As the COVID-19 global pandemic continues to spread across the world, it reminds us of the immense need for global governance.
There is no institution on our planet more capable of coordinating a plan to mitigate the impact of this virus other than the United Nations (UN). In an increasingly globalized world, global governance rather than isolationism, is the only way to produce solutions to issues that states cannot handle on their own. Globalization has blurred the traditional divide between domestic and foreign affairs and, as a result of the COVID-19 pandemic, that separation is now even more hazy.
When given the needed resources the World Health Organization (WHO) — a specialized agency of the UN — has been able to achieve the previously unimaginable: interstate cooperation to address a number of issues. For example, the WHO’s successes include the eradication of smallpox, distribution of Yellow fever vaccines internationally, and containing the Middle East respiratory syndrome (MERS) and Ebola virus outbreaks. Despite recent misinformation and criticism stemming from the Trump administration, the WHO has been an unprecedented force for change in the management of global health and is unparalleled in its ability to mitigate global health problems.
Viruses do not respect borders or state sovereignty. Thus, they cannot be dealt with using states’ domestic policy alone. Pandemics require unified global action that the United Nations’ system can provide.
Globalization has created the conditions that ensure that diseases like COVID-19 can easily travel around the world infecting millions and resulting in hundreds of thousands of deaths. This is why states must commit to global co-operation,thereby allowing institutions like the WHO (in times of crisis) to use centralized bureaucracies to address transborder global issues.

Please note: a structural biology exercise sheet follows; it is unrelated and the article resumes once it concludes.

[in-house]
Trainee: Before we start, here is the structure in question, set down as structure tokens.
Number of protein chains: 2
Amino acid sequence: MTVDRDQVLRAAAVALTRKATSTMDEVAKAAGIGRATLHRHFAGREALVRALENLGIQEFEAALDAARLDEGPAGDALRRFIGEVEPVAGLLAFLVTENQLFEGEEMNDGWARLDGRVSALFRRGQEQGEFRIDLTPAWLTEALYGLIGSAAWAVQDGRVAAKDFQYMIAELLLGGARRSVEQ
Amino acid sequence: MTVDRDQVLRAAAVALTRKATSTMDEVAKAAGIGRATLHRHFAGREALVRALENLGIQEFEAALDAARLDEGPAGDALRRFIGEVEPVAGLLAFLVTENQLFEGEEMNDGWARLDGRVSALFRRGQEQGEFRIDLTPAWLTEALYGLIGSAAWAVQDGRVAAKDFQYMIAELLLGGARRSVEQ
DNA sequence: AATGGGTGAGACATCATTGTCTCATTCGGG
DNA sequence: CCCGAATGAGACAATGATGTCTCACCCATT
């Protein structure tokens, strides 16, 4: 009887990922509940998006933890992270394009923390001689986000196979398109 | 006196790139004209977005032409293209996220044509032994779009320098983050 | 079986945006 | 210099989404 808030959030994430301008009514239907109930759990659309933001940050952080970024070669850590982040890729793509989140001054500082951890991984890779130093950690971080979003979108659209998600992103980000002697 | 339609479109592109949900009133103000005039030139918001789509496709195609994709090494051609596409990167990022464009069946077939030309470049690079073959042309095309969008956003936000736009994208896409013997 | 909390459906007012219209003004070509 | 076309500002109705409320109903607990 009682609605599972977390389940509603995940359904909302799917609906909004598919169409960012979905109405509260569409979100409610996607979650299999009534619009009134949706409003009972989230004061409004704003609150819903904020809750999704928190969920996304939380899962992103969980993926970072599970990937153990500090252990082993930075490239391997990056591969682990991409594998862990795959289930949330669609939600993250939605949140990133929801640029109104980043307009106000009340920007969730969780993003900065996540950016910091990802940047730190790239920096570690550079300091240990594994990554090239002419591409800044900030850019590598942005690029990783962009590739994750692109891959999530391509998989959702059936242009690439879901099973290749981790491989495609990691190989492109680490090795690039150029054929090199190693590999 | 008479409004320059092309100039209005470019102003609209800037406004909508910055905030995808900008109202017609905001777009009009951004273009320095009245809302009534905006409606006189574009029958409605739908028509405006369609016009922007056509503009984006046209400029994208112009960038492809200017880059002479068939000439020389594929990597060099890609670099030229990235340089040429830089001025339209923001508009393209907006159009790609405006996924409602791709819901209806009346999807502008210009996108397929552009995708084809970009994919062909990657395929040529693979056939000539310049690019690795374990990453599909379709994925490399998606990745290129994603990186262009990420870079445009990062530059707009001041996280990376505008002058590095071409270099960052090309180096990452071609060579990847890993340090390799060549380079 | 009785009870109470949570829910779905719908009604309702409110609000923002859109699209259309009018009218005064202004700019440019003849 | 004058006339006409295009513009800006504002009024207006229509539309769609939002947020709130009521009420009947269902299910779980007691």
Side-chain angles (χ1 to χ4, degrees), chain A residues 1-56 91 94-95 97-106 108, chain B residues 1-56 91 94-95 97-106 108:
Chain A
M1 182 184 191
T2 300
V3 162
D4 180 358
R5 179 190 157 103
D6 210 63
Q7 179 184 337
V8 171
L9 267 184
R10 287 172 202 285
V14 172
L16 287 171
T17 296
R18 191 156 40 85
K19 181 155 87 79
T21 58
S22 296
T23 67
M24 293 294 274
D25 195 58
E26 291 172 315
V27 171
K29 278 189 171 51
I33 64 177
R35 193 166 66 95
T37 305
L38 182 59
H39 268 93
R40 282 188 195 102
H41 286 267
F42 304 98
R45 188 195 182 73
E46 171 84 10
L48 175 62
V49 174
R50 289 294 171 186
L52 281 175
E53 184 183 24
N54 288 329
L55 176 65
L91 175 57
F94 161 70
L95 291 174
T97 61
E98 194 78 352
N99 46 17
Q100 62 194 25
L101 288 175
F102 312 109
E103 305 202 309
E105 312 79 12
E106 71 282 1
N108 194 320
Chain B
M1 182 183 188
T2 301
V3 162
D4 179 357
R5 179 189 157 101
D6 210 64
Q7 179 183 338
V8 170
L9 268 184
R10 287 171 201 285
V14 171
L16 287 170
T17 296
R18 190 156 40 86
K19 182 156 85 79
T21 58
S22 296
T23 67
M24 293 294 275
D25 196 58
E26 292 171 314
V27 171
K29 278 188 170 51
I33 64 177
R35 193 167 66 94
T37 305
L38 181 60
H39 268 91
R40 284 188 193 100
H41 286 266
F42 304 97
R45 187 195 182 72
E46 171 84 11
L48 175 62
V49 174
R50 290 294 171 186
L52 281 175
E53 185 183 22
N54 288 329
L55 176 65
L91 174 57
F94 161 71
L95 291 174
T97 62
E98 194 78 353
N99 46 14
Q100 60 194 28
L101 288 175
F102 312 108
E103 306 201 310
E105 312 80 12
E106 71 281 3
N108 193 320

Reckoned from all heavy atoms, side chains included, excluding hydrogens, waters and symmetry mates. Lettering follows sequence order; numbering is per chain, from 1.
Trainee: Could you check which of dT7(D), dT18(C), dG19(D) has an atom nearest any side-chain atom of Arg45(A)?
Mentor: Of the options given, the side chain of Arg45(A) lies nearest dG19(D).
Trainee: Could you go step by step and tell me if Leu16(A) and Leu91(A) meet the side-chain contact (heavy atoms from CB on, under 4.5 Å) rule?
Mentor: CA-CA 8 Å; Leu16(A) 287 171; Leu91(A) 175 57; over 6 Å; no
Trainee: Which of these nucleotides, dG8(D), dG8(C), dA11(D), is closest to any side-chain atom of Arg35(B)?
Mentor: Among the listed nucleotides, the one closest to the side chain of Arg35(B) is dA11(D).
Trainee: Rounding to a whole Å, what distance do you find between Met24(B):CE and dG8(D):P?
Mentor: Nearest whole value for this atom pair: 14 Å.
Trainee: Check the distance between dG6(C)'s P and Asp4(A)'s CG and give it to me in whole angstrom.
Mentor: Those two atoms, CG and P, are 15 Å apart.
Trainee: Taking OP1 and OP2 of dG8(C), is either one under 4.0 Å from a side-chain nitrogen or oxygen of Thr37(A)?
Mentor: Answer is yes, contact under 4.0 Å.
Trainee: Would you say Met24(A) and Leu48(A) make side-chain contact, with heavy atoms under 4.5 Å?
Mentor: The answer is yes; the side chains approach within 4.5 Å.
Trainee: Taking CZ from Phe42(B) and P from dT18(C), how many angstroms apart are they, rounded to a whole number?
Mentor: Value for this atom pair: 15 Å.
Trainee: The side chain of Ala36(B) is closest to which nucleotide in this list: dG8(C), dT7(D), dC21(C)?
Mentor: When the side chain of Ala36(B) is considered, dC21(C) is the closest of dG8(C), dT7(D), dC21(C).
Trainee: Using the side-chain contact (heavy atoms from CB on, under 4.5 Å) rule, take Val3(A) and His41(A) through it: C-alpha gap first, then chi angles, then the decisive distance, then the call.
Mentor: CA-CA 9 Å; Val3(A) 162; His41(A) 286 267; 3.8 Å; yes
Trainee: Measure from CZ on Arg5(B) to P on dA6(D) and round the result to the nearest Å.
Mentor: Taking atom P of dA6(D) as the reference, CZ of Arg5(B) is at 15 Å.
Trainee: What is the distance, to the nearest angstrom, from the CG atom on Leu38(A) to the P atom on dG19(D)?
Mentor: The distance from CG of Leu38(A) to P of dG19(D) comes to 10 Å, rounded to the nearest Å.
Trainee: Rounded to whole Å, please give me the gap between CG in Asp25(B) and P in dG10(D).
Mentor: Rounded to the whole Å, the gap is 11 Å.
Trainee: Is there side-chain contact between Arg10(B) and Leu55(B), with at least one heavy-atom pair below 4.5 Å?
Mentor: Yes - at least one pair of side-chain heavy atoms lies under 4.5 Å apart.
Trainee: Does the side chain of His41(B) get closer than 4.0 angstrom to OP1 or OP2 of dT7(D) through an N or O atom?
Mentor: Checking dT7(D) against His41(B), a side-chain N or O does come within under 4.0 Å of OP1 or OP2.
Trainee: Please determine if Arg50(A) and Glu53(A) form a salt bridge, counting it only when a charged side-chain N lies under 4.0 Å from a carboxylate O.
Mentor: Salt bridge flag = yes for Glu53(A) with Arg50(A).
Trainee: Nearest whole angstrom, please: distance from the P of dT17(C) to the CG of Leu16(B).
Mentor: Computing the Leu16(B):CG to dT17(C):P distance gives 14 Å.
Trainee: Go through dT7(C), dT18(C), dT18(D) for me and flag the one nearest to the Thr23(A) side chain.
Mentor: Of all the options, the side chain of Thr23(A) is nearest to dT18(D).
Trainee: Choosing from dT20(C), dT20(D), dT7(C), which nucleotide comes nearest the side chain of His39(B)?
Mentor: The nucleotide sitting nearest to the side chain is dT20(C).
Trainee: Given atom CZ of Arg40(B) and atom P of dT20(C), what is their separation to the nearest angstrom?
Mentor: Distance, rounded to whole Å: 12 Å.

Opponents of the WHO overlook the fact that it takes only one state lacking the required resources needed to fight this pandemic for the problem to escalate into an uncontainable force that can cost hundreds of thousands of lives. Additionally, no state — even a powerful one like the United States — acting in isolation can effectively deal with this virus or protect its citizens. This is why global governance over this pandemic is needed at this critical juncture.
The UN, and its specialized agencies, like the WHO, must be endowed with the material capability needed to aid especially weaker states in implementing policies to combat this pandemic. Dealing with contemporary global health challenges requires strengthening the WHO in order to create and enact global policies in the face of this transnational crisis.
The advent of this COVID-19 pandemic is not the time to abandon global governance. Instead it is a propitious moment to utilize the instruments that the WHO and UN can provide.
In times of crises like the current one, states should not be selfishly trying to maximize their power. Instead they should be cooperating with each other in order to save lives. This pandemic provides an opportunity to move past the severe limitations of state self-interest and help those who are in need.
States with the most material capabilities should be willing to share their assets and expertise in order to aid less endowed states in combating this novel coronavirus pandemic. Now is the propitious moment to prioritize human lives above the self-interest and power politics of states.
Until there is a unified global policy to curtail the spread of this disease and its effects, no effective action can be taken to resolve this issue. Modern issues, like viruses, do not respect borders; as a result no country can effectively create policy to protect itself and its citizens from these issues. Pandemics provide an opportunity to enlist strategies to increase multilateralism and global cooperation in an effort to deal effectively with global challenges.
As we face what may be the most challenging crisis of our generation, it is not the time to abandon global governance. Instead it is the time to remember we are our brothers’ and sisters’ keepers and in times of crisis we must come together to help out our fellow neighbour regardless of what state they inhabit.